Jumping Back Slash (Gareth Jones), a British native who moved to South Africa several years ago has, for a while now, been a strong advocate for the Gqom sound, a sound that is distinctly South African, and that has slowly been encroaching into the global music scene. Describing it as a form of house that is stripped down to the beat, rhythmically repeating itself into a hypnotic tribal flow, Jones has become one of the leading proponents in this forward-thinking ‘South African techno’ that is slowly taking the world by storm. Heavily influenced by Kwaito and House that has already become a staple in the South African township music scene, Gqom has emerged as a more youth-oriented form, with its main proprietors being mostly anonymous kids who play around with music production software. Given its innovative grassroots origins, the potential for this sound to develop is unparalleled.
However, on his latest EP, Horses, Jones has gone for a decidedly more four to the floor beat, with its focus primarily being that of the drum machine. Yet despite wavering slightly from the general unconventionality of Gqom towards a more predictable sound, Horses still maintains a wonderfully South African charm, emanating first from the budding synths and snares that abound in the opening moments of the title track (we premiered the music video on Friday). With the onset of a rhythmic beat, Sprightly flute-like trimmings are introduced to crown the pulsations within. Dipping into a moment of calm, the track gradually develops into a culmination of rich euphoric sounds. Exhilaration abounds in this track, with its most appropriate comparison being that of the sensation of riding a galloping horse through the veld.
‘Broken Record Days,’ the following track on the EP, takes on a slightly darker, more club-oriented sound, with the drum-machine focus made evident right from the get-go. A windy trail of bass weaves amongst the rhythmic flow of the beats, and modulated electronic voices dart throughout. The final track, a bonus beat titled ‘Soft Slump’ brings the EP to a pounding Gqom work, where the syncopated sounds are stitched together to form a sound more inaccessible to those found in the tracks above. It is, as he says, very much a ‘bonus beat’ that adds little to the EP, other than perhaps a greater showcase of the oddities of Gqom at large. Yet, the repetitive and tribal characteristics of the Gqom sound really shine through on this EP, showing the true variance and potential for innovation within this one sphere.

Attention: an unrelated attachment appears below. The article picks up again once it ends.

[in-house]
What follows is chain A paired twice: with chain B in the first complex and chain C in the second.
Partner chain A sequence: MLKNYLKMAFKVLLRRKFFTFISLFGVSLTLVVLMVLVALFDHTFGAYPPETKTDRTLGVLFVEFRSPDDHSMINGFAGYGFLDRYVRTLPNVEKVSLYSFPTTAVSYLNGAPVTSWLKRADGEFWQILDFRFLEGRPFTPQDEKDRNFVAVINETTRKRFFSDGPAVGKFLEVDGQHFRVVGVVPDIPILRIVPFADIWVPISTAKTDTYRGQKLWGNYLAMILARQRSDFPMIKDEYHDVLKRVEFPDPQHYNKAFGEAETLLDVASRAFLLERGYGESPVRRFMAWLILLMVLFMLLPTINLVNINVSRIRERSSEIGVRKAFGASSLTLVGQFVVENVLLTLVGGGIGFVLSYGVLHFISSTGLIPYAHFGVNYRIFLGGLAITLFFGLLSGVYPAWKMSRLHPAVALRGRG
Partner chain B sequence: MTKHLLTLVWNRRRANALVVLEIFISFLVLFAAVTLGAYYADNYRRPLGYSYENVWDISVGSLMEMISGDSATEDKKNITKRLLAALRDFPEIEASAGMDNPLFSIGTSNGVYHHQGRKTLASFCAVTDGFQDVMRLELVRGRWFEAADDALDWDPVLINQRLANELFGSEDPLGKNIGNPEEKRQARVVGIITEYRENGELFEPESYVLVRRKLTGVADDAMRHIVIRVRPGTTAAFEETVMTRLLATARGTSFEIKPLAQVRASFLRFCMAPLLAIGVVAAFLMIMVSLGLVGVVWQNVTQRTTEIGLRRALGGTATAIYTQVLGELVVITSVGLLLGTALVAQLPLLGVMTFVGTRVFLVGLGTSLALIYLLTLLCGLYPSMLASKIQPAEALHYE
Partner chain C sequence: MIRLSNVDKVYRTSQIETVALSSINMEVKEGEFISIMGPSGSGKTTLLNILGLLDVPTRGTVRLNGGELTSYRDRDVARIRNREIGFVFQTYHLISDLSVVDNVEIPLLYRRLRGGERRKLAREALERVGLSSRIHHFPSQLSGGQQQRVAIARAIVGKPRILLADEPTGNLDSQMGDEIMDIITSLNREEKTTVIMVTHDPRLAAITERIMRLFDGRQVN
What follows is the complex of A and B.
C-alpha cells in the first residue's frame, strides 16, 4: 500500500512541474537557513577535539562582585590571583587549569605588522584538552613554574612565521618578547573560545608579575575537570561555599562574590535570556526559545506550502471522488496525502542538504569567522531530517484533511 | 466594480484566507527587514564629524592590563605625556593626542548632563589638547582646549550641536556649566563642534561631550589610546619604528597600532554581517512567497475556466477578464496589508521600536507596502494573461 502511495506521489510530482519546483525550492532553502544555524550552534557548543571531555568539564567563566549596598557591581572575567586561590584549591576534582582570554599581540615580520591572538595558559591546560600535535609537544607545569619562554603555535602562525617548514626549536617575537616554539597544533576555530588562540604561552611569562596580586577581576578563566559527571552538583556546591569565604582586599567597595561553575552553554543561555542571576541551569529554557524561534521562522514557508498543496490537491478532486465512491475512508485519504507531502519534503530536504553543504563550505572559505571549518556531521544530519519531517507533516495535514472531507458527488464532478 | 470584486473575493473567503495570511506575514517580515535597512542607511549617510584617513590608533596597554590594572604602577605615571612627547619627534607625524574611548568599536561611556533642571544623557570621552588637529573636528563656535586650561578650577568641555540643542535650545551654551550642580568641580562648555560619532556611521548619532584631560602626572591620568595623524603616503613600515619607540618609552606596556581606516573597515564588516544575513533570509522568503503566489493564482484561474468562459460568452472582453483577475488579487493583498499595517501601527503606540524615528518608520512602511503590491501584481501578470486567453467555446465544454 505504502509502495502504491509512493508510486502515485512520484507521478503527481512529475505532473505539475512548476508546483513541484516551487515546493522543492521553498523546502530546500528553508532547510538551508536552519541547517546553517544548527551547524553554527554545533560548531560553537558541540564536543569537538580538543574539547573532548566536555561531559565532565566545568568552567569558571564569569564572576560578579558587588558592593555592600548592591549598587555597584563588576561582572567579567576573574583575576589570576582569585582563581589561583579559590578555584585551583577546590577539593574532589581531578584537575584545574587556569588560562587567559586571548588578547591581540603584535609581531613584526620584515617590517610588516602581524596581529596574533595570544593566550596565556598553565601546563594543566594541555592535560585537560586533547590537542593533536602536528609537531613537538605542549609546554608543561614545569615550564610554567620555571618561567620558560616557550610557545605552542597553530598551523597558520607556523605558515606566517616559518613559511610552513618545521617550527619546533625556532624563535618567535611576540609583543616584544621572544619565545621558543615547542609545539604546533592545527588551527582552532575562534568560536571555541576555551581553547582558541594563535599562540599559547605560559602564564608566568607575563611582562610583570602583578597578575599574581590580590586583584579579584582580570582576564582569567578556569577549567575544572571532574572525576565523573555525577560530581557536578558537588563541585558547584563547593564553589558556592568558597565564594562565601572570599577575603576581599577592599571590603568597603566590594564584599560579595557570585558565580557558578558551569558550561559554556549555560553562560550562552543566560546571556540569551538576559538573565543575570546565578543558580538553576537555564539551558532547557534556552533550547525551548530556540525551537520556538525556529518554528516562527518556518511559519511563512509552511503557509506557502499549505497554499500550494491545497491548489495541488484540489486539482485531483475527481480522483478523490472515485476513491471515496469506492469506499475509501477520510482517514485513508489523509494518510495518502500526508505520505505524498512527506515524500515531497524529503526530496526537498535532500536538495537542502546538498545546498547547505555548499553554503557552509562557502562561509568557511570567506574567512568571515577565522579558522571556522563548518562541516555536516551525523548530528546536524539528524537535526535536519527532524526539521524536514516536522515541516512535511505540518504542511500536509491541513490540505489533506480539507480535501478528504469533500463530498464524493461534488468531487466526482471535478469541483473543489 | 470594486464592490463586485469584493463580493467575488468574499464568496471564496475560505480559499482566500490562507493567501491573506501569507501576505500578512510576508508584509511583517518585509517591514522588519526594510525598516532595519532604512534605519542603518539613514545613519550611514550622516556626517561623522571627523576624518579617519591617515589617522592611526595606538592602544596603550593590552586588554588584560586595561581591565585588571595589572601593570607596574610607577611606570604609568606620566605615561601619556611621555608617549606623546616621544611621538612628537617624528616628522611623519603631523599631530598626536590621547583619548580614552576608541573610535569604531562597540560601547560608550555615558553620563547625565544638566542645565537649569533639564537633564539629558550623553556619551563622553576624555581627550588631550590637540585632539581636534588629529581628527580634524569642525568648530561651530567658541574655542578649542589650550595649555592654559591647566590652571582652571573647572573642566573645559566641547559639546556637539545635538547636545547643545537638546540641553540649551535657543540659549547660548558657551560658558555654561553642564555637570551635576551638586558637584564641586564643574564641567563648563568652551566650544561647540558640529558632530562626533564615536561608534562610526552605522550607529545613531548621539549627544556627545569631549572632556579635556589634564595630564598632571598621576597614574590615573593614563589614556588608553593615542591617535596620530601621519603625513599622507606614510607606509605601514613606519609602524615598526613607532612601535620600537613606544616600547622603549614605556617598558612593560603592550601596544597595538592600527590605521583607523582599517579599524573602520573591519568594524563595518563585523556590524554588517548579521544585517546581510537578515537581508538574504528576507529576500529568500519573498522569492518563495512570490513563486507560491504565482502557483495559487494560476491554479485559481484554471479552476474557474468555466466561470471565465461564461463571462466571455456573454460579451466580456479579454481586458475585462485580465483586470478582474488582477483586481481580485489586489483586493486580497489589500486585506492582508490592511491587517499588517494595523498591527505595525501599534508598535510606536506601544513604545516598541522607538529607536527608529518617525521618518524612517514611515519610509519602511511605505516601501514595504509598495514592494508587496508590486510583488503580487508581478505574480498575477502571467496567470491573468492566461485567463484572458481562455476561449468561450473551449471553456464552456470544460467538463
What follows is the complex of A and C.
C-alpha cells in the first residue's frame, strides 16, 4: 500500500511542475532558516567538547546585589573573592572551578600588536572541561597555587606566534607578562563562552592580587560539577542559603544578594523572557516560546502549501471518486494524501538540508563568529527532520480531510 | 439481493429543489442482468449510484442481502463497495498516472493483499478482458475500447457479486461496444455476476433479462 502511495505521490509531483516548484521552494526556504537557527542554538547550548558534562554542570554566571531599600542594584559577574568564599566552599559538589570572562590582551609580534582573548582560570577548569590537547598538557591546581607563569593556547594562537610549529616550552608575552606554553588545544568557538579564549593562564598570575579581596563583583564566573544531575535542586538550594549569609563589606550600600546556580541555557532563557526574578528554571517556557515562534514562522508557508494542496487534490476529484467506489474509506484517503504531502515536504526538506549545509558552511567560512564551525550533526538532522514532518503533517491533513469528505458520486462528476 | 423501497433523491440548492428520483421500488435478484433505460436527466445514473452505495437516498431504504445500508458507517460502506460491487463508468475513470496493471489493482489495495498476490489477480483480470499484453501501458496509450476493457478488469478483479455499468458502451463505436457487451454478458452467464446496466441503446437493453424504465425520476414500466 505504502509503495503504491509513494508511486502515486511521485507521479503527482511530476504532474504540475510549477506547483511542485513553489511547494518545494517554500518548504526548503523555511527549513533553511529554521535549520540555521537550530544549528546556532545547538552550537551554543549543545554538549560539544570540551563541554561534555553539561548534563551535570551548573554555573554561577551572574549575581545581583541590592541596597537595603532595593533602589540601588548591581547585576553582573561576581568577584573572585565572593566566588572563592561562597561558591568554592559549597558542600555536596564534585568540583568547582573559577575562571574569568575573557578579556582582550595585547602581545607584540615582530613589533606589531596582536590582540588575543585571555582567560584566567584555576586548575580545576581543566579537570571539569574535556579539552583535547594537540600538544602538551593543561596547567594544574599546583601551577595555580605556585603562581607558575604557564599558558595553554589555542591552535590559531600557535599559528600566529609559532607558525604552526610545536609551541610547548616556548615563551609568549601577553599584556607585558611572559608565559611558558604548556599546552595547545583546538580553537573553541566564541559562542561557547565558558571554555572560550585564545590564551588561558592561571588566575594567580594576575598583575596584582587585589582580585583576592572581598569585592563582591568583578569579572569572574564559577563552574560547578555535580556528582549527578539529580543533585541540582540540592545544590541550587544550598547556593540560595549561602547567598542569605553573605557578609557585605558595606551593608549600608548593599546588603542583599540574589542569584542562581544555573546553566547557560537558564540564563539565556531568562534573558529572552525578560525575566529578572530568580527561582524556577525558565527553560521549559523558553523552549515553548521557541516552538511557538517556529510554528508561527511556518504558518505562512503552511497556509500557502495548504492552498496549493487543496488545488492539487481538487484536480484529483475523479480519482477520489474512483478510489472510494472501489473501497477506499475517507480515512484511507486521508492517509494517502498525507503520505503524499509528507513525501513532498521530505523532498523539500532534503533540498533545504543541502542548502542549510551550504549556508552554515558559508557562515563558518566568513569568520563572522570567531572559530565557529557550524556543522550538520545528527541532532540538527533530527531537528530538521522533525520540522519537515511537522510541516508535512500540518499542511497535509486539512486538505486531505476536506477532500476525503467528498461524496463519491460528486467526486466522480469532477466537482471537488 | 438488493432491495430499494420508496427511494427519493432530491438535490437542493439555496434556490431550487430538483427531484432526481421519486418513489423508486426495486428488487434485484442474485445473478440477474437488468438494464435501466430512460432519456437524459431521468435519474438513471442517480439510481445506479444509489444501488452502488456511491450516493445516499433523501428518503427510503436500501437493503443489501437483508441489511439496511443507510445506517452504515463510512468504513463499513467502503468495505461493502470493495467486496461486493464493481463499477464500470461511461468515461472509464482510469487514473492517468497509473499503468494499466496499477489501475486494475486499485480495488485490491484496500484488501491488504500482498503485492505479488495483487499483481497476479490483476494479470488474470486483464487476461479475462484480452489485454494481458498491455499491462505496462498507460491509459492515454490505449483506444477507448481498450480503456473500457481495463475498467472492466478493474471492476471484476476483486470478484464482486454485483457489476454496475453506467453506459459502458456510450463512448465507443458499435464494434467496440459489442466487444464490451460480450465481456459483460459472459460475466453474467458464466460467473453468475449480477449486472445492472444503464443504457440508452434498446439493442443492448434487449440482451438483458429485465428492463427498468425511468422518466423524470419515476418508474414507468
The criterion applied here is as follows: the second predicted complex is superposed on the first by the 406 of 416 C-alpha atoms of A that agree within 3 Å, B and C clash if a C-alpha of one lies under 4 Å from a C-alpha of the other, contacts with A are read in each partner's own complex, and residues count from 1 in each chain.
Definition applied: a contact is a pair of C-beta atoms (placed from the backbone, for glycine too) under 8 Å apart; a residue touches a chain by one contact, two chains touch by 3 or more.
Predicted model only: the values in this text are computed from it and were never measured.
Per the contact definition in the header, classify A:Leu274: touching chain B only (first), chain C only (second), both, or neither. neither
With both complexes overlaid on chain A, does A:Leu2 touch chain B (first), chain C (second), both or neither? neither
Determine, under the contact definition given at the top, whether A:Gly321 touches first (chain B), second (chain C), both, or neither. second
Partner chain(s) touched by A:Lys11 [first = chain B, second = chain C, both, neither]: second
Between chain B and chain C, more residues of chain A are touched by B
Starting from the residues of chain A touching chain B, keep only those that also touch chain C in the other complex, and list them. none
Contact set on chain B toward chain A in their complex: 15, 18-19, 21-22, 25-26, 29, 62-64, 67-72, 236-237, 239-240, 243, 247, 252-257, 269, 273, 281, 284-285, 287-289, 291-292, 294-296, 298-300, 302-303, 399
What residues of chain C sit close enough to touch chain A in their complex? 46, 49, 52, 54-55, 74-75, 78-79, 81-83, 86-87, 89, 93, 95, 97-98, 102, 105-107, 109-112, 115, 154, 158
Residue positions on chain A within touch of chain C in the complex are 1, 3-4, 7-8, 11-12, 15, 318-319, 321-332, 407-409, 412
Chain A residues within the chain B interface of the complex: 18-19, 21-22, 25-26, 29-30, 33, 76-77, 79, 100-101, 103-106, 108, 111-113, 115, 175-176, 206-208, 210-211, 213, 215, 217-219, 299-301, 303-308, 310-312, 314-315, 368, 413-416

On the Bandcamp page, Jones has noted a number of unusual genre tags that speak to the endless potentials of this blend of music he has adopted. Words like ‘Afrotonical’, ‘Afrotronics’ and ‘Afrikan techno,’ not to mention ‘Gqom’ are used as descriptors, which, of course, run the risk of shaping a listener’s expectations in some shape or form. Yet, in practice, this is impossible: one may expect one thing, only to be faced with another. That is the nature of these developing genres that are constantly being defined and redefined by emerging agents in their field. Being one of the champions of the scene, Jones has shown that there are endless opportunities for being experimental, while at the same time, being able to maintain authenticity.
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